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Project

Broadening Access to Overground Cycling Exercise

Funder: Craig H Neilsen Foundation

Funding period
USD 100 K
Funding amount
Abstract
Broadening Access to Overground Cycling Exercise

Individuals with SCI have difficulty exercising, which can lead to weight gain, bone loss, muscle atrophy, poor circulation, impaired cardiovascular function, decreased self-confidence, depression, and overall poor health. Unfortunately, adapted exercise equipment is often confined to specialized gyms, requires significant assistance to set up, and does not provide a strenuous workout of the large lower extremity muscles. Stationary motor and FES-driven exercise cycles for persons with SCI are commercially available, but our preliminary work indicates that overground cycling provides recipients of implanted lower extremity neuroprostheses with uniquely effective workouts resulting in tangible health benefits, including increased muscle strength/endurance and enhanced quality of life. Overground biking instills a sense of personal freedom, pride and community through the unique ability to ride outside and engage with others as active participants in society.
The purpose of this assistive technology development grant is to expand our existing implant-driven cycling program, which won the gold medal in the FES Bike Race at the 2016 Cybathlon in Zurich Switzerland (http://www.cybathlon.ethz.ch/en/cybathlon-news/cybathlon-results/fes-results.html), and extend access to overground biking to a wider segment of the SCI population. We propose to 1) Design and verify operation of a new, wirelessly-controlled multichannel surface stimulator suitable for at-home use by clinicians or individuals with SCI without technical support, 2) Develop a new user and clinical interface based on a cell-phone application that allows easy and intuitive customization of stimulation parameters and adjustment of cycle timing, and 3) Instrument commercially available recumbent tricycles and wirelessly integrate them with the new stimulators to produce three self-contained surface stimulation-driven cycles. This effort will result in a standard set of components and procedures for clinicians and users to independently transform existing tricycles into surface stimulation-driven devices suitable for stationary or overground biking themselves. It is a necessary next step toward broadening access to overground cycling ultimately partnering with local adapted exercise centers to make the technology available to their clients.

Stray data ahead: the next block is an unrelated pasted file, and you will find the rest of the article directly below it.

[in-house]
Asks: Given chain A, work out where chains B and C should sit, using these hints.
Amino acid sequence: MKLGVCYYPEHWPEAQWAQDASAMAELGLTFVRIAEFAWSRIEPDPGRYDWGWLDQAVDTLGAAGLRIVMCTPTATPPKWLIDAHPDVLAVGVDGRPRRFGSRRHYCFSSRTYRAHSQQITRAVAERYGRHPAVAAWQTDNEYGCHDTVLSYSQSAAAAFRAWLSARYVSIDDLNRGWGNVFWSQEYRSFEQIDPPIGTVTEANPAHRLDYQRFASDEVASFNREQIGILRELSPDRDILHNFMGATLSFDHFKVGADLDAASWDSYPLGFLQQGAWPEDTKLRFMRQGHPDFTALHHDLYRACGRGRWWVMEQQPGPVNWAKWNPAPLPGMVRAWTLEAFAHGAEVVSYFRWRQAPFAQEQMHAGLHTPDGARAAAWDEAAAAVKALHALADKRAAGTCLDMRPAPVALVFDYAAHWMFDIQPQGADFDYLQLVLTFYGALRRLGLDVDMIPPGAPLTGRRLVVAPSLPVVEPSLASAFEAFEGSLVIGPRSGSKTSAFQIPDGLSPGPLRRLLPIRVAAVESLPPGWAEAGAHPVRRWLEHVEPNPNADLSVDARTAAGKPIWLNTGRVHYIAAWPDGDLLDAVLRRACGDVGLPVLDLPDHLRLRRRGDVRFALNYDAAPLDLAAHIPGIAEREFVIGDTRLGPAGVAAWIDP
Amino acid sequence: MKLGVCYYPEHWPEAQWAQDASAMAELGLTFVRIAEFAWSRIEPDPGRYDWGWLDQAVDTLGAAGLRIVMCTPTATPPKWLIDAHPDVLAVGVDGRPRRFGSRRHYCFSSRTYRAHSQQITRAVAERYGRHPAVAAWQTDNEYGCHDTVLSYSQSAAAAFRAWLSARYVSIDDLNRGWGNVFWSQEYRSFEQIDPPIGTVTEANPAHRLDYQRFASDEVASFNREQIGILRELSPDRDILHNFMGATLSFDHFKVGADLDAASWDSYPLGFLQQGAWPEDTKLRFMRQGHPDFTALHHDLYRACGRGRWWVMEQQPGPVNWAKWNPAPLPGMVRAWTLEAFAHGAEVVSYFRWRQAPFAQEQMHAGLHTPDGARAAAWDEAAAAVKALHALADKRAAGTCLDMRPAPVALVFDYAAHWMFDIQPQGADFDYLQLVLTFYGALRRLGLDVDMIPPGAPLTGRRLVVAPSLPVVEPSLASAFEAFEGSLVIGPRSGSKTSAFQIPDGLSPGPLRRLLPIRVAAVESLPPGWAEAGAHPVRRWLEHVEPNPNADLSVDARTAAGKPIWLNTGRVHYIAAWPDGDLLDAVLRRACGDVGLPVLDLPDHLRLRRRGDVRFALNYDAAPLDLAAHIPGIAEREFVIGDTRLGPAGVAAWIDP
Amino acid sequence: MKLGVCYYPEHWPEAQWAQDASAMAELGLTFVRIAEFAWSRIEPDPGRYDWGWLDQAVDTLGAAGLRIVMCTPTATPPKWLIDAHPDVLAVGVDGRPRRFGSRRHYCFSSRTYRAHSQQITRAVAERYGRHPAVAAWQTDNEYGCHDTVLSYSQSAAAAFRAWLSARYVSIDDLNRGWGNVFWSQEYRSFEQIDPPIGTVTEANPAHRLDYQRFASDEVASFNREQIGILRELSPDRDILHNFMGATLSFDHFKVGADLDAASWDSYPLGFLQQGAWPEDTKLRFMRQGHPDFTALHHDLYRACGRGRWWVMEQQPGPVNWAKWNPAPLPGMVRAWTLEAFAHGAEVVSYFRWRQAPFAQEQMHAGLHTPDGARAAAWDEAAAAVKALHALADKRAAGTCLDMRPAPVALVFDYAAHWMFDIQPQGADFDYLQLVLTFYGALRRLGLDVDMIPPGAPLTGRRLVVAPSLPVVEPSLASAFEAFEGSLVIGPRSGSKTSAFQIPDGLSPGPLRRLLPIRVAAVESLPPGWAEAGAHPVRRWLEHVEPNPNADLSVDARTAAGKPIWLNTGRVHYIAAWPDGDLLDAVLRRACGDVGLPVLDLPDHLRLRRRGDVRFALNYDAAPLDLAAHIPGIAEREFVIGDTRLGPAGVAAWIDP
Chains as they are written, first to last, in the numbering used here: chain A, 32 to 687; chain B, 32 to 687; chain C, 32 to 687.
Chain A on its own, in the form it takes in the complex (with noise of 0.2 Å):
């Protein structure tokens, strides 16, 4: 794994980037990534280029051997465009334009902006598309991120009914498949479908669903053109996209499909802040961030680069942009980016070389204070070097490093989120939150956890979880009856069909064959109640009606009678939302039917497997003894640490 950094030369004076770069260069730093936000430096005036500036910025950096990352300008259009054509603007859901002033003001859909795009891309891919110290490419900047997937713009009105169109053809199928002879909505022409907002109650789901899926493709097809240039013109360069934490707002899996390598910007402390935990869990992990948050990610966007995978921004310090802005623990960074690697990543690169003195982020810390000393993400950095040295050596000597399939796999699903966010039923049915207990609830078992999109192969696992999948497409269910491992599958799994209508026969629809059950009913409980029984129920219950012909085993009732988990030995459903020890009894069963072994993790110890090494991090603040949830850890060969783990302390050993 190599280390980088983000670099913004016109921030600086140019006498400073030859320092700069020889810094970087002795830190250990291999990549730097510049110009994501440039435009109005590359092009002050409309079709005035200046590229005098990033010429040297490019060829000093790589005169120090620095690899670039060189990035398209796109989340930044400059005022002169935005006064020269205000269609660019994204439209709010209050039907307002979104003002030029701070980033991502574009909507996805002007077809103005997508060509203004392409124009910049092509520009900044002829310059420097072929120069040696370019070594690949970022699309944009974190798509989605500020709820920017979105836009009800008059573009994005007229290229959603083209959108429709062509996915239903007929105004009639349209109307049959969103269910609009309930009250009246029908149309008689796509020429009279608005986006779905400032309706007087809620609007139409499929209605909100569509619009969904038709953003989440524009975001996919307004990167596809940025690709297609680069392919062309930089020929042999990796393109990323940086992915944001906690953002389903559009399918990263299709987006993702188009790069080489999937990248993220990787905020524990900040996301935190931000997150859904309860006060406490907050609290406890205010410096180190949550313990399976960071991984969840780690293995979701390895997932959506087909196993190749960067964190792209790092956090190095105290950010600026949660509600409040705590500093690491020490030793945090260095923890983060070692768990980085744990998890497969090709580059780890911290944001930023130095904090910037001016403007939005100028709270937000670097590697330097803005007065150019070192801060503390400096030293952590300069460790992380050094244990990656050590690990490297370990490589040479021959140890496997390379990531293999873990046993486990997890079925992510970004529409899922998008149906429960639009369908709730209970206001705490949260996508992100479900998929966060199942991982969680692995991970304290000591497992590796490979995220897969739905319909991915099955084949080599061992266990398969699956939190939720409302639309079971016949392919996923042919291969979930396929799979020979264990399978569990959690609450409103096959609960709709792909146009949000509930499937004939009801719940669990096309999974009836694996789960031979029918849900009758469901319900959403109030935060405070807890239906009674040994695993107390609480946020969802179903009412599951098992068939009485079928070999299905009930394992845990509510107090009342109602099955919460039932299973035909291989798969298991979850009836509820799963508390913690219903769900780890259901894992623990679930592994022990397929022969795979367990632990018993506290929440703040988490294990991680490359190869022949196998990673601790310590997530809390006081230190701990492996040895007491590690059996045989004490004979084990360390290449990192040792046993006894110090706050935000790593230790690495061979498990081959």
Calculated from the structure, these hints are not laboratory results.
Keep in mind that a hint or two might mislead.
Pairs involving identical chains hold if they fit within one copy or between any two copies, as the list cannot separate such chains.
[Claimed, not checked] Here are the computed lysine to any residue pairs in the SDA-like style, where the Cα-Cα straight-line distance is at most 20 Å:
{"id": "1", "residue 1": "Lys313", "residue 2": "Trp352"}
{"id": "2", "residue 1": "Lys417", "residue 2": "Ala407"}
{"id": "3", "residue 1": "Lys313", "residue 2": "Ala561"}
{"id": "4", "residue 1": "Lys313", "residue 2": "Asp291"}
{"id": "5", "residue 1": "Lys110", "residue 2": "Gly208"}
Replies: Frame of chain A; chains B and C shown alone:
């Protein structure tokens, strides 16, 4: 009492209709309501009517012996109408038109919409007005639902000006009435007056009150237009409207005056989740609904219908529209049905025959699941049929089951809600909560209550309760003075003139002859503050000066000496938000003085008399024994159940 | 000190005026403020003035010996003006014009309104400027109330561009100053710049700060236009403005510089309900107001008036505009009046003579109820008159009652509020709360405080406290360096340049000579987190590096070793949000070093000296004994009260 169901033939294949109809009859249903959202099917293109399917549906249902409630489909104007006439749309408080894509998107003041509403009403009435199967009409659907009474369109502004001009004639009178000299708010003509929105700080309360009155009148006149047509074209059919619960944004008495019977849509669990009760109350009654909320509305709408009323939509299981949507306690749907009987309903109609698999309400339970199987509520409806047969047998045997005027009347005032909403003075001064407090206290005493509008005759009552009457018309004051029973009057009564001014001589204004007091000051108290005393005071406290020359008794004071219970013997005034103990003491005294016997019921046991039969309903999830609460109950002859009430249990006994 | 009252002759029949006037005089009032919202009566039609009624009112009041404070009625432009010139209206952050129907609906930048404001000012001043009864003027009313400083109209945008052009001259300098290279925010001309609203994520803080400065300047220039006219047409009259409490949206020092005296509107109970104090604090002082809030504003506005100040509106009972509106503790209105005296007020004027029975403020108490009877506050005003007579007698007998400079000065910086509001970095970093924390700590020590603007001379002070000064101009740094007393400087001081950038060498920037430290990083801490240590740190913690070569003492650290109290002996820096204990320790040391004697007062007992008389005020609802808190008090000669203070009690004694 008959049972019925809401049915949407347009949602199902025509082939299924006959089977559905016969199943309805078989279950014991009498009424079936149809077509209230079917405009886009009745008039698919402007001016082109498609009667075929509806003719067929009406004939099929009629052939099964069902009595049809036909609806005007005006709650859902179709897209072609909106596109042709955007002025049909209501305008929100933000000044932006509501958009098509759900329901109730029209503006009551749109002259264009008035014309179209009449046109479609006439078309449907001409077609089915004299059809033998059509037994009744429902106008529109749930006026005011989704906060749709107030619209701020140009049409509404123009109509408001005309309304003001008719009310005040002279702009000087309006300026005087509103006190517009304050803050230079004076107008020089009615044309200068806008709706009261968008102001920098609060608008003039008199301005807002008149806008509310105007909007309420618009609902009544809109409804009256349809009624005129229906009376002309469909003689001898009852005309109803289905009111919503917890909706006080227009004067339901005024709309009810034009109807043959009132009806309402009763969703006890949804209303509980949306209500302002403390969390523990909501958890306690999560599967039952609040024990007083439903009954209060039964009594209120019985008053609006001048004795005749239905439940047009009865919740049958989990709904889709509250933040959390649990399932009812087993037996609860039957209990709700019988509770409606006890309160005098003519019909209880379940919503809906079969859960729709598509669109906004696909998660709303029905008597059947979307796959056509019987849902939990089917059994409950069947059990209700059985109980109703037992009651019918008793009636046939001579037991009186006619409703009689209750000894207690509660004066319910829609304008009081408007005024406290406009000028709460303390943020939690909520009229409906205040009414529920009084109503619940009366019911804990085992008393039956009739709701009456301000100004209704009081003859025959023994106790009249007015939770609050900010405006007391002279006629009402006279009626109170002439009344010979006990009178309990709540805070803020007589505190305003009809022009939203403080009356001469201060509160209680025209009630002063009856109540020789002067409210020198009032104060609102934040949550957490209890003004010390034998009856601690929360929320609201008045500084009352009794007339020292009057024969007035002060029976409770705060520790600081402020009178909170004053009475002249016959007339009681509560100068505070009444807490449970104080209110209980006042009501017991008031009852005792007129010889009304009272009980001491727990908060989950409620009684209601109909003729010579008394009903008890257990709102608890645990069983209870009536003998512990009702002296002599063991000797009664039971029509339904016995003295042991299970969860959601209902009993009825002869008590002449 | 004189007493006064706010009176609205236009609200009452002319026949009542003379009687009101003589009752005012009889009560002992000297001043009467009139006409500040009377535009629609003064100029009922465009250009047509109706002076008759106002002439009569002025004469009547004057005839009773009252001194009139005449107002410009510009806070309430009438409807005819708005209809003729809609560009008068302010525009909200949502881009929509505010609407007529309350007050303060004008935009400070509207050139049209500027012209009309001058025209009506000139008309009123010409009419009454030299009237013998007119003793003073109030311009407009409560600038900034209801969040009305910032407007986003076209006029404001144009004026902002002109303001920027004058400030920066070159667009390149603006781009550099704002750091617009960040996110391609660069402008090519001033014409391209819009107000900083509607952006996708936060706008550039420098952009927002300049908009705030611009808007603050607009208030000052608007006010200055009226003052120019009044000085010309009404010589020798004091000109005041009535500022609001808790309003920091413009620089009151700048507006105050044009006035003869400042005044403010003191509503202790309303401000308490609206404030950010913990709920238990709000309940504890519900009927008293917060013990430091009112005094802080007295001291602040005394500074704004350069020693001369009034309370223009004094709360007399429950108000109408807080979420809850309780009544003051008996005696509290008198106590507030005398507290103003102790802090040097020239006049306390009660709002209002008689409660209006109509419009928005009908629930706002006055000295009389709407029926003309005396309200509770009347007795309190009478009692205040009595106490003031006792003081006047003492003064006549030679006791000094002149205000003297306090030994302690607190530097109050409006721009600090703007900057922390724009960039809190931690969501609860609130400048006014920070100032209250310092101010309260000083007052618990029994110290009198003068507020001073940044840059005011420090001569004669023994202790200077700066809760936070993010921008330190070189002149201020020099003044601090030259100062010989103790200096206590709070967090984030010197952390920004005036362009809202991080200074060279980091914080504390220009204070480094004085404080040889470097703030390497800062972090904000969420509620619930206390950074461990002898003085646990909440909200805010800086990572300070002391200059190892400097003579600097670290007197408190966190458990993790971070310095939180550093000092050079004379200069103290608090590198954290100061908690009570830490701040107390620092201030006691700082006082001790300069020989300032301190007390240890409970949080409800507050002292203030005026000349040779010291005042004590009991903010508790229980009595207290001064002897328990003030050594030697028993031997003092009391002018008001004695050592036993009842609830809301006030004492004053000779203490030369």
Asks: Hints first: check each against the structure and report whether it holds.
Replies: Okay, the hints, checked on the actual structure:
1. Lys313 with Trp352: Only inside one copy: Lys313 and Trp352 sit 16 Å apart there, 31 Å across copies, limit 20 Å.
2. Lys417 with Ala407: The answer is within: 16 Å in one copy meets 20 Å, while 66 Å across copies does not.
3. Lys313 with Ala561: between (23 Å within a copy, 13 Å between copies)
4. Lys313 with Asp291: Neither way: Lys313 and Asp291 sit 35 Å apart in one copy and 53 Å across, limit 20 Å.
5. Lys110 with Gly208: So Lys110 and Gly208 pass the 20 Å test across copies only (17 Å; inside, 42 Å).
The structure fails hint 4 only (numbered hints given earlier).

Our area of focus is assistive technology and expanding exercise access to those with SCI. The development of a wirelessly controlled multichannel surface stimulation cycle will promote the ability to exercise independently for individuals with SCI. In addition, this will promote improved health benefits, quality of life, and an outdoor option for exercise and recreation. This innovative project supports the motivation for the Neilsen Foundation to enhance the quality of life for individuals and their families living with spinal cord injury.
(CHN: COandI chn:wdg)
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System

Categories
  • FOR (ANZSRC)

    0903 Biomedical Engineering

  • RCDC

    Assistive Technology

  • RCDC

    Injury (total) Accidents/Adverse Effects

  • RCDC

    Injury - Trauma - (Head and Spine)

  • RCDC

    Bioengineering

  • RCDC

    Rehabilitation

  • RCDC

    Spinal Cord Injury

  • RCDC

    Clinical Research

  • RCDC

    Neurodegenerative